HSBC Bank Middle East is in talks with Blom Bank, to sell its Lebanese business, the wholly-owned subsidiary of the London-headquartered HSBC Holdings said. While no other details have been revealed so far, the Middle East arm of HSBC said that there is no certainty whether the deal would materialise.

The Beirut-headquartered Blom Bank confirmed the developments in a statement on 25 July. "Blom Bank S.A.L. announces that it has been in discussions with HSBC regarding an acquisition of HSBC's operations in Lebanon. At this stage there can be no certainty that a binding agreement in relation to the Transaction will become effective. A further announcement will be made when appropriate," the bank said.

The move is part of HSBC CEO Stuart Gulliver's three-year strategy, which he announced in 2015. He had said that HSBC would undergo a streamlining process whereby its sprawling operations would be reduced. Gulliver had also pledged to cut 25,000 jobs in an effort to save annual costs by $5bn (£3.81bn; €4.55bn), which in turn would increase returns for shareholders.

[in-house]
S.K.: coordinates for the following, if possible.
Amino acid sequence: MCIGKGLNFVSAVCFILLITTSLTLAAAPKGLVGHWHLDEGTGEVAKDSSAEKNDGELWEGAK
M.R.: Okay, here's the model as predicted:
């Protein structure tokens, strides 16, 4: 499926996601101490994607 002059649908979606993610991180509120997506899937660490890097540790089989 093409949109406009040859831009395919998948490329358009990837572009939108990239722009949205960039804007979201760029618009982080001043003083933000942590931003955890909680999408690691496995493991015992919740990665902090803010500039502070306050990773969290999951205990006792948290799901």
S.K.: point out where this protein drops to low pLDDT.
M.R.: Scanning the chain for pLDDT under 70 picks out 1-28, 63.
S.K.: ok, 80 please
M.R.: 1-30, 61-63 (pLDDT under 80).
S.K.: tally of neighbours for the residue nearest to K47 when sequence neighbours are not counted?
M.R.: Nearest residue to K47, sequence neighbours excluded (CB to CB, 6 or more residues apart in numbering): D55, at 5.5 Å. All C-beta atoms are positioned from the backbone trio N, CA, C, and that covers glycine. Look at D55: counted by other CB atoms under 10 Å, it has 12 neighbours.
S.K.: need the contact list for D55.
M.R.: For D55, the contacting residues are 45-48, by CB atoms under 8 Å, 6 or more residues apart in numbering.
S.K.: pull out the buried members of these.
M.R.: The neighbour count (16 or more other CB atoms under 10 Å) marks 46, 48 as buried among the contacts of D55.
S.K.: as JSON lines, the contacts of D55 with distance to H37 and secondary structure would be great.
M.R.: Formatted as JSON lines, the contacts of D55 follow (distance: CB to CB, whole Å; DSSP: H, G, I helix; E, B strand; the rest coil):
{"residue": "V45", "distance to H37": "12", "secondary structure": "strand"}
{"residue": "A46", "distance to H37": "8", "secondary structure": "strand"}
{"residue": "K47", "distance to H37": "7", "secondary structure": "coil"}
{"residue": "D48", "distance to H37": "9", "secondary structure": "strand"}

Since then, the LSE-listed bank has initiated plans to sell its businesses at various locations including Turkey and Brazil. Its plan to sell its unprofitable Turkish business was in fact scrapped earlier this year amid the bank struggling to find a potential buyer, according to a news report.

Since 2011 HSBC has reduced its presence across the world. While it had operations in 87 countries in 2011, by the end of 2015, it was operating in 71 countries.

HSBC Lebanon was established way back in 1946. It has 200 employees across three branches.